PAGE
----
The red shape flashed, disappeared from view, and then lit in me
the sharp recognition that I was about to meet some kind of consequence,
probably a loud and painful type. The view immediately brightened. The periphery
of the narrow, residential street opened up, as did the surprised expression on
my face. Fast-moving cars surrounded me, all of them motoring at a right angle
to my own. I was about to spear the panel of a cube van, two cars were about to
t-bone the driver's side of mine, and some other vehicles, the ones out my
passenger window, looked like they were fleeing the scene. All I could do was
watch in horror and awe as I rocketed across four lanes of traffic.
What to do? Brake? Speed up? Combinations? Time lingers more
than it should in circumstances like this. It hung around in my car, making more
of itself, piling on, the feeling of its dead weight slowing me down, drawing
out the drama of expectation and allowing me to witness each potential calamity
in slow motion until, eventually, I arrived on the other side, astonished and
Not one car had careened or locked its brakes as I'd crossed the
street. Not one car had touched another car. Not a single person had been hurt.
It must have looked beautiful from the sidewalk, as if I'd divined a pause, a
perfect rest in the busy traffic, then cut through, effortless and smooth. A
fish in a stream.
I wanted to puke. Immediately I pulled over and parked on the
side of the road until the panic and nausea dissolved. What was I supposed to do
now? Emergency lights, I thought, that's what they're called, emergency lights.
I flicked them on. They didn't help. I got out and ran back to the intersection
to look for what I'd done. It was daft, but something in me wanted to see if my
accident left some kind of trace. Not a thing remained. Cars slipped by in their
usual way and the stop sign across the street declared what I should have done.
Nobody waited to chastise me. Nobody demanded I apologize. It was as if the
accident had never happened. So I took my cue and agreed to keep it that way. A
promise was made, instead, a promise to be more careful, to be less hasty, to be
focused, to be happy with whatever song is playing in my cassette deck. Back
into the car I climbed, turned off the emergency lights, and pulled away,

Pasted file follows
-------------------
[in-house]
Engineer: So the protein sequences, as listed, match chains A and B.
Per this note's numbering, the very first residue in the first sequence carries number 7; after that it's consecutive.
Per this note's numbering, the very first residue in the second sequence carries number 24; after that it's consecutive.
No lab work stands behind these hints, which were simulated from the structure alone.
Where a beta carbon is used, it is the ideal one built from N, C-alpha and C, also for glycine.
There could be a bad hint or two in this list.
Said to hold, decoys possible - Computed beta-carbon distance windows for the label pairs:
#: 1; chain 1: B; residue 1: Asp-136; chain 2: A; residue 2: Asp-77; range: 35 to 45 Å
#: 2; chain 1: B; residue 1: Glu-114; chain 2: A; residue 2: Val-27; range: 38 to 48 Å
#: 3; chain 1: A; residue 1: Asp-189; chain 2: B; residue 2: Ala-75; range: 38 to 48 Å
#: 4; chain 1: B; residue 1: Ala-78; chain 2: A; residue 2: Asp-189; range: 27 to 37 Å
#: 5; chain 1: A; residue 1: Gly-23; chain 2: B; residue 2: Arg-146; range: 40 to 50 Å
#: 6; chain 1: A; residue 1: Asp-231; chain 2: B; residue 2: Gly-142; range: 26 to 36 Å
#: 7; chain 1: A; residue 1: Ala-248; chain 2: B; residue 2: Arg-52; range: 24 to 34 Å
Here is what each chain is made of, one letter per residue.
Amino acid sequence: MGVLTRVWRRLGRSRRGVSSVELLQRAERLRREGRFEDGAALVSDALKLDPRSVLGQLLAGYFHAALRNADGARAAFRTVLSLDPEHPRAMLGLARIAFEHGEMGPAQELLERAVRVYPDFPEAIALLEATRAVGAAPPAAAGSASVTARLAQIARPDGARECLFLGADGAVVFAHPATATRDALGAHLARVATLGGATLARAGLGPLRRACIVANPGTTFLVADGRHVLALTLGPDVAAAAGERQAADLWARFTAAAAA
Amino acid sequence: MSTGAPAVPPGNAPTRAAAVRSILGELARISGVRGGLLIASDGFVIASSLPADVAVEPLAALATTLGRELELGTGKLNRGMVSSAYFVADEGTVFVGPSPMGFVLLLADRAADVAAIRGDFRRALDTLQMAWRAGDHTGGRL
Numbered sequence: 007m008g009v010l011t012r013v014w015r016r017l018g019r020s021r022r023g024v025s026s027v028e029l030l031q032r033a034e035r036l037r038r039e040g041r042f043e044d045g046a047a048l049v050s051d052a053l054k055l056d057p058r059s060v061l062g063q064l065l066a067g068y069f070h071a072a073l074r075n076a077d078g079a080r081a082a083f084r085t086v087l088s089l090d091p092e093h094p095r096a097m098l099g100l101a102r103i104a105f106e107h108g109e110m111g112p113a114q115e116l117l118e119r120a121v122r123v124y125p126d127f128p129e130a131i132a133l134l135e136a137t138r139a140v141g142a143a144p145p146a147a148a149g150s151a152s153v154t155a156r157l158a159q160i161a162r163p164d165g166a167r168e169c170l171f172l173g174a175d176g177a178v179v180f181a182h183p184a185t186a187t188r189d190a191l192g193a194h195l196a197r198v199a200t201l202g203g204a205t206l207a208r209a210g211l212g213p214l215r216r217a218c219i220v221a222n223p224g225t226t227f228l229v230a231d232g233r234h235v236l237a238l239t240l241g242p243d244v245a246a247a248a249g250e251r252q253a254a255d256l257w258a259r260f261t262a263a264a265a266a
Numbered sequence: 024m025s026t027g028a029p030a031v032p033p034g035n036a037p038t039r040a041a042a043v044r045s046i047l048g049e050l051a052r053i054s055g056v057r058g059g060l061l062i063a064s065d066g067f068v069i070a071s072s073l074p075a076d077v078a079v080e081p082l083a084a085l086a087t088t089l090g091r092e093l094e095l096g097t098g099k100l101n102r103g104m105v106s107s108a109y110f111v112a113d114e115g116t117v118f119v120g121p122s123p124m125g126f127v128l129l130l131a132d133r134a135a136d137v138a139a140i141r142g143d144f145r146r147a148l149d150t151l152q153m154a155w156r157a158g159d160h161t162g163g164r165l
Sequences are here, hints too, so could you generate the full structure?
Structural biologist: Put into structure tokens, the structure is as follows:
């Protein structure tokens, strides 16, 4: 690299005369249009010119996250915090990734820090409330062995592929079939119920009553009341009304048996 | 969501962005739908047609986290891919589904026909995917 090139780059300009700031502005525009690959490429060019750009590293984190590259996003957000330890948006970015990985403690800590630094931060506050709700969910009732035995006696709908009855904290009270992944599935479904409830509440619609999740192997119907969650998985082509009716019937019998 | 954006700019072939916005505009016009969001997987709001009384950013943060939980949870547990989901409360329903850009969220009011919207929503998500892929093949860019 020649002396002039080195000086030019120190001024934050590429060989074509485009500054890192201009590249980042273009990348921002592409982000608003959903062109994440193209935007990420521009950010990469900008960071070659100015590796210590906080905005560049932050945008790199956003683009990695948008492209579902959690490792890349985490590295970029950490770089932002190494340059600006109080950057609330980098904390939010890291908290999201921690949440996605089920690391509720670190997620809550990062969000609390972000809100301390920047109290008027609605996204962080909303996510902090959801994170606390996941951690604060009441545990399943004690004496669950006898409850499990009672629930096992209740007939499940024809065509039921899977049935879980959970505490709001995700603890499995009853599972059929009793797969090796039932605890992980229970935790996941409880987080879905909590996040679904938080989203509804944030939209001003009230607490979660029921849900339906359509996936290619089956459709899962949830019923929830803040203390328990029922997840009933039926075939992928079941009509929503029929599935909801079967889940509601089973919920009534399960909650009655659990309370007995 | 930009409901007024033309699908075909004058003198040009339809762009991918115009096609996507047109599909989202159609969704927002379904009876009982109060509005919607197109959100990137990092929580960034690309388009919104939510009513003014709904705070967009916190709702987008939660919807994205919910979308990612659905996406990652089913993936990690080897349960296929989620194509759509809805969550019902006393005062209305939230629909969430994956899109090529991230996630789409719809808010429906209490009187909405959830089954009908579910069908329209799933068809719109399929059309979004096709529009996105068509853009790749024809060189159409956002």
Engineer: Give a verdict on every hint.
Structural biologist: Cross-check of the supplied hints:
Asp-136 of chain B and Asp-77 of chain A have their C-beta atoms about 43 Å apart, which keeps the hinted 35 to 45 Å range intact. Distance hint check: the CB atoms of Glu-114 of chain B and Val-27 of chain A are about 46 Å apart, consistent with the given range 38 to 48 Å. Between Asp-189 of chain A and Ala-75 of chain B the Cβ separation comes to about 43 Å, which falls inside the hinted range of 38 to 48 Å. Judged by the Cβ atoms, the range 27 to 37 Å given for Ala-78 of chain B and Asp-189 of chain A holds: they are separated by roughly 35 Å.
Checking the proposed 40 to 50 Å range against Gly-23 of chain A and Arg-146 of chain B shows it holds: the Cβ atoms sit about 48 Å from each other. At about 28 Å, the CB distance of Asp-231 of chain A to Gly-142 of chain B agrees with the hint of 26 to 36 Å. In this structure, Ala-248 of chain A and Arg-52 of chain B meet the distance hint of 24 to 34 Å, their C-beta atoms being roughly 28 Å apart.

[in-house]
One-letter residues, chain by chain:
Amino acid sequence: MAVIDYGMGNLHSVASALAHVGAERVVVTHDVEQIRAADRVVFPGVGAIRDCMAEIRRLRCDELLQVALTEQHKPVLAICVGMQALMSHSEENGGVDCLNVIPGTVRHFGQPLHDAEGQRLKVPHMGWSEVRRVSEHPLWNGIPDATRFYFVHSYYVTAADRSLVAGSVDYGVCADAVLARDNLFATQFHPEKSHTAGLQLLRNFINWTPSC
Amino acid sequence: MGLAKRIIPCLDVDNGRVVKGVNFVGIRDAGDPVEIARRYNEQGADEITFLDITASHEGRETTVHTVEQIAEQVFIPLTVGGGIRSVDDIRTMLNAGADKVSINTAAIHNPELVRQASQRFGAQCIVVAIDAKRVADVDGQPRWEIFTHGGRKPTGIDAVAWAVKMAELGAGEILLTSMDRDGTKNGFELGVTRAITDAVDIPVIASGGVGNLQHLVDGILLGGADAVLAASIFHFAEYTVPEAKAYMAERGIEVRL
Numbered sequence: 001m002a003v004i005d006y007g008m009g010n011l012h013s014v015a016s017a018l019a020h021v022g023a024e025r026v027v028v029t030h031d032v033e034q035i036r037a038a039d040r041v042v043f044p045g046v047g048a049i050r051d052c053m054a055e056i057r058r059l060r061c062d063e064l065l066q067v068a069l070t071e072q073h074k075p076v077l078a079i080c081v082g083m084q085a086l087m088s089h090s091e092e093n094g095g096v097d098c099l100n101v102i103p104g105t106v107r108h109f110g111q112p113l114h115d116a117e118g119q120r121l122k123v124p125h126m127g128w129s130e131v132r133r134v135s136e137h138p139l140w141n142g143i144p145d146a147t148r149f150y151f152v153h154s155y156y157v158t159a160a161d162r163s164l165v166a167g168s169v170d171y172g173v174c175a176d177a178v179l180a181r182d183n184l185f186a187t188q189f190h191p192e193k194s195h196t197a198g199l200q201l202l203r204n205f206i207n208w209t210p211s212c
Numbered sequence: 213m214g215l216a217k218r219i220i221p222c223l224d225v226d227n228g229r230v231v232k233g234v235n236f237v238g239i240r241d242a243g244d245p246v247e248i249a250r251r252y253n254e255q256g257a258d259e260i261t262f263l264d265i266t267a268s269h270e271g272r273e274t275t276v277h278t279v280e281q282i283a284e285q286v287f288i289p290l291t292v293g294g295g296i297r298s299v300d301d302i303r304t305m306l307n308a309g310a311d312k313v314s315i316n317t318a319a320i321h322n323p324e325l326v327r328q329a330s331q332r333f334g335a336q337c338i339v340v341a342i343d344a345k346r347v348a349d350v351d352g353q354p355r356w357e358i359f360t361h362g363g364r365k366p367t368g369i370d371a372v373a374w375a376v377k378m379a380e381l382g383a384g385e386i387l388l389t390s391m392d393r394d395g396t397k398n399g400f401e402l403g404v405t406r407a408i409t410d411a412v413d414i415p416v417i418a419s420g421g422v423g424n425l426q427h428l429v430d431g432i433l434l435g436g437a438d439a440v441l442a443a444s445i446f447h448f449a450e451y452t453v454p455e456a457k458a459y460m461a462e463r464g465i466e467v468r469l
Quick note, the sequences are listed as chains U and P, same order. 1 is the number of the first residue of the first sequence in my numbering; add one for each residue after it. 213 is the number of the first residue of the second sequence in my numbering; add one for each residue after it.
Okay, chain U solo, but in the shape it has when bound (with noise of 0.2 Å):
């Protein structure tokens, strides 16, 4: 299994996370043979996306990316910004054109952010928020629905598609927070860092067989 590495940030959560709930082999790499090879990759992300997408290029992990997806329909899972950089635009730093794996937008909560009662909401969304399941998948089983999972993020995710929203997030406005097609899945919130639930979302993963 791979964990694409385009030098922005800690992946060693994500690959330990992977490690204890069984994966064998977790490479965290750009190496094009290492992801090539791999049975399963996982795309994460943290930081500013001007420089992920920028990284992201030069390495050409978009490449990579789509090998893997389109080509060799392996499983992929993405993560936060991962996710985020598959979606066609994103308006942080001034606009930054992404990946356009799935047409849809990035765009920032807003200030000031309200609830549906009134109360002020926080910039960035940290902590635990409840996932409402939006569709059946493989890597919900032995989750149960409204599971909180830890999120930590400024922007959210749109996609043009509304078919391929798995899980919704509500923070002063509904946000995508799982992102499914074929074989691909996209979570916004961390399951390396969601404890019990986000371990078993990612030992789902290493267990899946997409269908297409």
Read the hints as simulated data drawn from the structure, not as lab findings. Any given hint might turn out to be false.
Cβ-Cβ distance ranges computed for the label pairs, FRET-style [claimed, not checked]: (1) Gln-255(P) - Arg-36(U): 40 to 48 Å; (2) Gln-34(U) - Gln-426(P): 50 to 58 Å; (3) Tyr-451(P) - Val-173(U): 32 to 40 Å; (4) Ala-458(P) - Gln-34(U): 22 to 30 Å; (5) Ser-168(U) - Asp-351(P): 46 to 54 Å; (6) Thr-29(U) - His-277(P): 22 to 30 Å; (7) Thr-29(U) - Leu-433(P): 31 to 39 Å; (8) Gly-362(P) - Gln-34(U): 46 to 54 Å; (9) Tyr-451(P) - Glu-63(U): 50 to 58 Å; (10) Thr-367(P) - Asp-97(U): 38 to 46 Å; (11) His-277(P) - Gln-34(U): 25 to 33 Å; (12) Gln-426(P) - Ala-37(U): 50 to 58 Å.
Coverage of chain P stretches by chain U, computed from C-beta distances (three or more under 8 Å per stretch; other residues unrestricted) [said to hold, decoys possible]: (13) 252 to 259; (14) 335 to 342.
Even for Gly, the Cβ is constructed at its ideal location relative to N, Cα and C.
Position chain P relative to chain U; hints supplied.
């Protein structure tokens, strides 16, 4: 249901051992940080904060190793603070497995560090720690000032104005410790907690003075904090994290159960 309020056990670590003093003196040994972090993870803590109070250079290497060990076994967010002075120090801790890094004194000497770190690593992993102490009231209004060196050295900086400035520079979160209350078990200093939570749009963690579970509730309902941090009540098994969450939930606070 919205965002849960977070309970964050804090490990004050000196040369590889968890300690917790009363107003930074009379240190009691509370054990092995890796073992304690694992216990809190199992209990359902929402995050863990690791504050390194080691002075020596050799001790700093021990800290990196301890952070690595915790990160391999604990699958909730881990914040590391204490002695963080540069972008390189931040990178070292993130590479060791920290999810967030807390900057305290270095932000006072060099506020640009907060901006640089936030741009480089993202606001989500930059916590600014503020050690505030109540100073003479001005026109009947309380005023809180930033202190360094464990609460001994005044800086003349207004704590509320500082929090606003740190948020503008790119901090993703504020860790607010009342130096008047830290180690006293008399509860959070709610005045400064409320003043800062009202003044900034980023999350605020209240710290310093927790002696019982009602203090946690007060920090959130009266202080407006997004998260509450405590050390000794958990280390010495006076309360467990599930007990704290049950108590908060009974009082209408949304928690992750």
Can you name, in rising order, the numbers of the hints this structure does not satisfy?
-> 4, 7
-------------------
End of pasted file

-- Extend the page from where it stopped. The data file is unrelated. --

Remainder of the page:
nonchalant as a poacher with his catch.
My second accident happened some months later. It even earned me
a title. All hail the Rock King of Langley.
The few dwindling back roads of my hometown are darkened by
thick stands of trees. When I was a teenager, you wouldn't find much out there
other than turkey farms, Christmas tree nurseries, houses set far into their
fields, and the occasional business that surprised the side of the road with a
few muddy parking spots. You might find a decaying John Deere dealership out
there and a forgotten TV repair shop from the 1950s. That's about it. Gas
stations were the only other oasis of light I remember seeing on a night drive.
Like a good son should, I had just topped up my father's tank at one of those
gas stations before I ascended my throne.
Leaving the station, I nosed the car to the edge of the road and
checked for oncoming traffic. Black to the left, black to the right. The country
road was moonlit and empty. I flicked my turn signal on and dumped the clutch.
The engine accelerated, its hum grew louder, then an alien crunch and grind
overtook my ears. Up went the car. The front popped a wheelie and dropped, as if
the Acadian had pounced on some massive, unsuspecting prey. I wasn't moving
From my strange new perspective, I stared up at the clear
evening sky instead of down the clear, open road. I took a quiet moment to tally
how many un-good things had just transpired. When I turned the key, the car
started again. I surged with relief. But easing forward wasn't easy. It wasn't
even possible. The car sputtered and stalled. Down in front, little revealed
itself other than what I thought was the road I should be driving home. What I'd
heard and seen didn't make sense, so I got out, and my first step took more leg
A Man Called Intrepid author dies aged 89(Dec 03 2013) William Stevenson, a journalist and author who drew on his close ties with intelligence sources to write two best-selling books in the 1970s, A Man Called...